But his most enduring and far-reaching impact will be felt in the field of retirement savings. More than anyone else, Thaler—along with his frequent collaborator, Professor Shlomo Benartzi of UCLA—has caused us to rethink our most fundamental assumptions about how to help individuals save for the future.
It was more than a decade ago when I came across the Benartzi and Thaler “Save more tomorrow” plan for retirement savings. “SMarT” was their short-hand for what is now called an autoescalation feature—an automatic increase, usually once a year, in how much a participant is contributing to a defined contribution retirement plan.
But their innovation wasn’t simply the idea of making savings increases automatic. In fact, SMarT was not about workers saving another 1% of pay today. Instead, it was that workers would agree today to save 1% more tomorrow—to agree to save more a year from now.
The program was based on behavioral ideas such as present bias and inertia. If workers are present-biased, they would worry about saving more today, as it would reduce their take-home pay directly. But workers who are present-biased don’t worry much about decisions in the future, so it’s easy to commit to save more a year from today, just as it is easy today to commit to go on a diet or start exercising in a year. And when a year passes, and it’s time for the increase in savings, workers, through inattention and inertia, tend not to notice the drop in take-home pay (especially if offset by a regular salary increase). As a result, they’d end up saving more—automatically—over time.
When it first surfaced in an academic working paper, the SMarT program was largely untested. A small Texas company had experimented with it and generated impressive results. But part of its success was due to the firm’s owner, who was a strong advocate of higher retirement savings in the workplace. Would the idea work at scale in a larger firm?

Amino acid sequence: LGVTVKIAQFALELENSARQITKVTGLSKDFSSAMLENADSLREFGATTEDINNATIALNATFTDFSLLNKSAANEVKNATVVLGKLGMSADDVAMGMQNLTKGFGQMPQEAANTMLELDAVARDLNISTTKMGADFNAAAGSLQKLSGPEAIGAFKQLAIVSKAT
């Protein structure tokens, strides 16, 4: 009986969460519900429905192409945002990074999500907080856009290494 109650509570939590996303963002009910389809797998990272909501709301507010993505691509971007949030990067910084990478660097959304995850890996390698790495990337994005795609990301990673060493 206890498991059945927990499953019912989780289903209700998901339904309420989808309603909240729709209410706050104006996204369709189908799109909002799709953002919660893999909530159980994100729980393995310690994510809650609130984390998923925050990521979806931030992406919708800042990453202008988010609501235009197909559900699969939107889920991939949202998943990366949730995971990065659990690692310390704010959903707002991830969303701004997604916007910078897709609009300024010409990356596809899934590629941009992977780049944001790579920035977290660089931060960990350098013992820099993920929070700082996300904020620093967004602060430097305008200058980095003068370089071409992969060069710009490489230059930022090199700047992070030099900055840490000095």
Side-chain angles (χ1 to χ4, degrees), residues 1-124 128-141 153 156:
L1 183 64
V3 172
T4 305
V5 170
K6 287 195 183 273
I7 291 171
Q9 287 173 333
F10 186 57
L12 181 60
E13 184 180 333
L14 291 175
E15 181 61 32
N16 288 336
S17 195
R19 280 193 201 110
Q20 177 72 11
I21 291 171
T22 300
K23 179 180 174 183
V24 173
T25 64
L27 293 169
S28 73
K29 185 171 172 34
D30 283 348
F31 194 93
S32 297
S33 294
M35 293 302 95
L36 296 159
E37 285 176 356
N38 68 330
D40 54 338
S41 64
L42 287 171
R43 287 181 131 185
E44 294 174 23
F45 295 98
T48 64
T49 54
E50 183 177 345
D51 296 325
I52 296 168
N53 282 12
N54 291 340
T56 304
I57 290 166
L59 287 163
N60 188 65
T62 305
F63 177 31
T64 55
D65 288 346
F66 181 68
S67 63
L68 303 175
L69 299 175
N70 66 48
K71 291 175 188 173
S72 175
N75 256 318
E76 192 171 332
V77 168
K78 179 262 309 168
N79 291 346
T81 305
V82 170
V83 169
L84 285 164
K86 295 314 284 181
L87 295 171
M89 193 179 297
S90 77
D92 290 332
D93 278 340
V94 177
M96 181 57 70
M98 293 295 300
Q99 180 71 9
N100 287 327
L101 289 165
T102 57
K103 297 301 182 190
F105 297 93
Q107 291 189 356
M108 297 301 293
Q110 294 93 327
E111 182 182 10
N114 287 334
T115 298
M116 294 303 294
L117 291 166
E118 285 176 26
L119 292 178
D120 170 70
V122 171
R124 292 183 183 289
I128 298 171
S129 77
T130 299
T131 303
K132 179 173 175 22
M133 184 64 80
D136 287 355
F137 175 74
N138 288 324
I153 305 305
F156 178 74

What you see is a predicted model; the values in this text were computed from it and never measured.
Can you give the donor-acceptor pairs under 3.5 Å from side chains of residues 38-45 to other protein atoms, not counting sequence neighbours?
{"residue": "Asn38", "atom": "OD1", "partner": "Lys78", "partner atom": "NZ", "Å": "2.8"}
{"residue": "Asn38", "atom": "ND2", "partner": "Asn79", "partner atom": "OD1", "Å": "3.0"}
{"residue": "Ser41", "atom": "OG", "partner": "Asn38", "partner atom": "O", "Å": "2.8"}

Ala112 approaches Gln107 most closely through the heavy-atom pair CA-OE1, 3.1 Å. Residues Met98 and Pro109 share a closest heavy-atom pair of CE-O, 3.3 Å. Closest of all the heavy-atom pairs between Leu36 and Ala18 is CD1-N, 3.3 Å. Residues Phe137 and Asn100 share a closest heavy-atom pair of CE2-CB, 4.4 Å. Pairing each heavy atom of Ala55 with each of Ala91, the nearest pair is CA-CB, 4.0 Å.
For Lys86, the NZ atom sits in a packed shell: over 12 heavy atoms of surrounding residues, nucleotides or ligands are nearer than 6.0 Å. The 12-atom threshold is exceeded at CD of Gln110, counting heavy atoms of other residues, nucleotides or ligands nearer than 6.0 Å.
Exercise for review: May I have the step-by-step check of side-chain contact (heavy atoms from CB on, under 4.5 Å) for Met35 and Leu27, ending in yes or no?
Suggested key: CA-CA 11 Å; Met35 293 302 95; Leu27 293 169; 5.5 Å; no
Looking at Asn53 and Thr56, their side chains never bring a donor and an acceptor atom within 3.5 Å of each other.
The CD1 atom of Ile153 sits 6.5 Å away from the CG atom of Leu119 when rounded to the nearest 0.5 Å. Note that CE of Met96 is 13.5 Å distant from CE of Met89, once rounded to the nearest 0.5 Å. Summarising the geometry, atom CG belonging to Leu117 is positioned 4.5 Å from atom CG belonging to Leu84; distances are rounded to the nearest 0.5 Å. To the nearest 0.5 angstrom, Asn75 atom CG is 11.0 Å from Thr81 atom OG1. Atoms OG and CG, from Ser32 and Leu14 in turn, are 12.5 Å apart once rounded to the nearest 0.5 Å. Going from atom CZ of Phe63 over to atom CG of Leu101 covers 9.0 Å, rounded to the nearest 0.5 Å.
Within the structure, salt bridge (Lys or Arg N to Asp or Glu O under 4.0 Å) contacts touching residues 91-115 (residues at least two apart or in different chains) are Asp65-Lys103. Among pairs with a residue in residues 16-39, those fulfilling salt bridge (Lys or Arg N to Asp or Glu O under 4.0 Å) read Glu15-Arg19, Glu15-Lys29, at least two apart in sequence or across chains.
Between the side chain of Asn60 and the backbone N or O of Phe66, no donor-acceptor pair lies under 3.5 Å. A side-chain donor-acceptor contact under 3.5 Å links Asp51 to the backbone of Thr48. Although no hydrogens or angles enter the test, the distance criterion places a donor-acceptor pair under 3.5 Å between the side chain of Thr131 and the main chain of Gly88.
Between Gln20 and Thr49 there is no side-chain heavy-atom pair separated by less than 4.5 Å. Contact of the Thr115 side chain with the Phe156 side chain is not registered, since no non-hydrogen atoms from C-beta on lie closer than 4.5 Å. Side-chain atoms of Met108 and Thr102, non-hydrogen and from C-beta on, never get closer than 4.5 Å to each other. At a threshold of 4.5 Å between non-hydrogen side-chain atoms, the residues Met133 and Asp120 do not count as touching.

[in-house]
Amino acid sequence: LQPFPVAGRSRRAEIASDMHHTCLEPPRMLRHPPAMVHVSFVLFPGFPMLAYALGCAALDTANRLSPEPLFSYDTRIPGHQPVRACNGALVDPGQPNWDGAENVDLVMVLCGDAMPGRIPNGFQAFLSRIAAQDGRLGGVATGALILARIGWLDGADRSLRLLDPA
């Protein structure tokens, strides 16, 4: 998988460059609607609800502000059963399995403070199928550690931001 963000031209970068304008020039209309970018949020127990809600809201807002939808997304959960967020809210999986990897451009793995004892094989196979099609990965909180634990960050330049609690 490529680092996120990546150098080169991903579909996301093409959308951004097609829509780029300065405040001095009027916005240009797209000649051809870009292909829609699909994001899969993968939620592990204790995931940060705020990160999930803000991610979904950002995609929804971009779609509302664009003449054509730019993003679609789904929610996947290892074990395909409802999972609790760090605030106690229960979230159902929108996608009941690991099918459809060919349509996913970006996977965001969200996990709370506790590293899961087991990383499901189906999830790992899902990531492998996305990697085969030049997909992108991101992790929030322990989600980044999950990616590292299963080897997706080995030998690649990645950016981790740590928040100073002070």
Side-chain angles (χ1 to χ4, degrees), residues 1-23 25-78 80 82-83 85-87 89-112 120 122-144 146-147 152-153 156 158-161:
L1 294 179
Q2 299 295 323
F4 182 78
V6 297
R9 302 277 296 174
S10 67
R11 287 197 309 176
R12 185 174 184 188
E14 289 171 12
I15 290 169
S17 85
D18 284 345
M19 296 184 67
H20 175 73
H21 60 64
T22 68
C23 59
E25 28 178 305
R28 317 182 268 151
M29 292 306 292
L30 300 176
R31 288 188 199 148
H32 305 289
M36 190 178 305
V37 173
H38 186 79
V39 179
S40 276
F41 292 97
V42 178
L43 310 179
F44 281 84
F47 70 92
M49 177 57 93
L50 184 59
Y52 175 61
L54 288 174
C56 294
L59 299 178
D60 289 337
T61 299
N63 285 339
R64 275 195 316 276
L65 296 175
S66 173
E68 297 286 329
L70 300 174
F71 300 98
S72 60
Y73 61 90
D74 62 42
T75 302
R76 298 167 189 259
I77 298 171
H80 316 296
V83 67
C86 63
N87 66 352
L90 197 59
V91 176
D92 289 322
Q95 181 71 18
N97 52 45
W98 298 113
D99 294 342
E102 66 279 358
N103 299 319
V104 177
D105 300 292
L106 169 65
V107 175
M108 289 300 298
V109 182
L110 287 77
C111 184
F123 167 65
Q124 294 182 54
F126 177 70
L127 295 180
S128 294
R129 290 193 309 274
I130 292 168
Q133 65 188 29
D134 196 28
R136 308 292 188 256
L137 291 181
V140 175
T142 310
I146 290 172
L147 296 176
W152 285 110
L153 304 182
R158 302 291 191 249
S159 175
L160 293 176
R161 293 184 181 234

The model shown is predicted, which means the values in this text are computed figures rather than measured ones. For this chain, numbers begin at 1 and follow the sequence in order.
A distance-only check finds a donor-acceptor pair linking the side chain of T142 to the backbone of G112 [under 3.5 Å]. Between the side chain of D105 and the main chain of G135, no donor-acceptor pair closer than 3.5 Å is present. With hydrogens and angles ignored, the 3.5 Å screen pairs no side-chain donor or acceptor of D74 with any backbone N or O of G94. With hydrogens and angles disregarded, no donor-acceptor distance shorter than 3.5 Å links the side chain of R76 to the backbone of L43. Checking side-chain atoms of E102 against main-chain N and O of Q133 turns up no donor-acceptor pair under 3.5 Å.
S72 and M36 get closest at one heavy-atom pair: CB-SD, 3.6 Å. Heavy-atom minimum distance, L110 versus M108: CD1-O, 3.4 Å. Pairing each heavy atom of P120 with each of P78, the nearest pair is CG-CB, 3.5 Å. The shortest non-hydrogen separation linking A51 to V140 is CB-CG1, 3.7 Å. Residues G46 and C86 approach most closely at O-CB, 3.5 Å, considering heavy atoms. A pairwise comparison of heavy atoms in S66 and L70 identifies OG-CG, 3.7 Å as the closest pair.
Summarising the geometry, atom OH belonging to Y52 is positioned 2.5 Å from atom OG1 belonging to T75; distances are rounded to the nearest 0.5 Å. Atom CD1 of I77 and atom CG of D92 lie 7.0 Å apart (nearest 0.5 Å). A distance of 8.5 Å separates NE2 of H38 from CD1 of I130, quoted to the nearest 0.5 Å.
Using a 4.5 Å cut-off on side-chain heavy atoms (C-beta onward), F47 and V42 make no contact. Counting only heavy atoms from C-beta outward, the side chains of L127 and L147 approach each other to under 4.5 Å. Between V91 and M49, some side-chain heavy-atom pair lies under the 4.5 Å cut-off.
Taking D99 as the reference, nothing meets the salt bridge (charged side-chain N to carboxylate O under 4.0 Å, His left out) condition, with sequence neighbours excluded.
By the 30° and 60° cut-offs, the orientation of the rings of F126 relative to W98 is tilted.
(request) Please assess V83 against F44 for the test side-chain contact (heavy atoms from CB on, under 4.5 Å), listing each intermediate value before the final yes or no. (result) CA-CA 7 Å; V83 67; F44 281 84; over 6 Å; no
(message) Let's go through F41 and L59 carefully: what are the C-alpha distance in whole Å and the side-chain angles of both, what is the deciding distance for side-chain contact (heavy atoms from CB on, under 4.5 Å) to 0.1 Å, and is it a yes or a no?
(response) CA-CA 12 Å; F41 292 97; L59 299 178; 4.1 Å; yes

We worked with Thaler and Benartzi and a large Vanguard client to test the idea in 2002. That test yielded equally impressive results.¹
And so the feature went on to become a standard element of retirement program design, both at Vanguard and across the industry. Today, automatic enrollment and automatic escalation features are par for the course in recommended strategies for improving retirement saving. In the U.S., they’ve been enshrined in policy in the Pension Protection Act of 2006.
The adoption of automatic enrollment in Vanguard plans has grown by 300% since year-end 2007, according to How America Saves 2017. Plan sponsors have increasingly adopted autoescalation features, which raise plan contributions at regular intervals until a maximum level is reached or an employee opts out.
In the U.K., automatic features are now mandatory elements of the retirement saving system. The U.K. is just completing the process of autoenrolling all of its workers. Its first countrywide automatic increase is scheduled for next year.
In the end, perhaps the greatest contribution from Thaler and Benartzi is the change in mindset they engendered. Prior to their work (and the work of others in the field), retirement savings was thought to be a question of either incentives, such as employer matches or government tax incentives, or education and information. Yet we know today that incentives and education have positive, but limited, effects. For many of us, our decision to save for the future is also plagued by procrastination and inattention. And simple mechanisms like autoenrollment and autoescalation can help trump these behavioral biases.
So yes, the Nobel Prize goes to Professor Thaler, and it is well deserved for his many contributions in the field of economics. But in some ways it’s also a Nobel Prize for retirement savers—for the millions of ordinary individuals helped by his ideas and as a result on their way to a better financial future.
¹ Richard H. Thaler and Shlomo Benartzi, 2004. Journal of Political Economy. 112(1): S164-S187.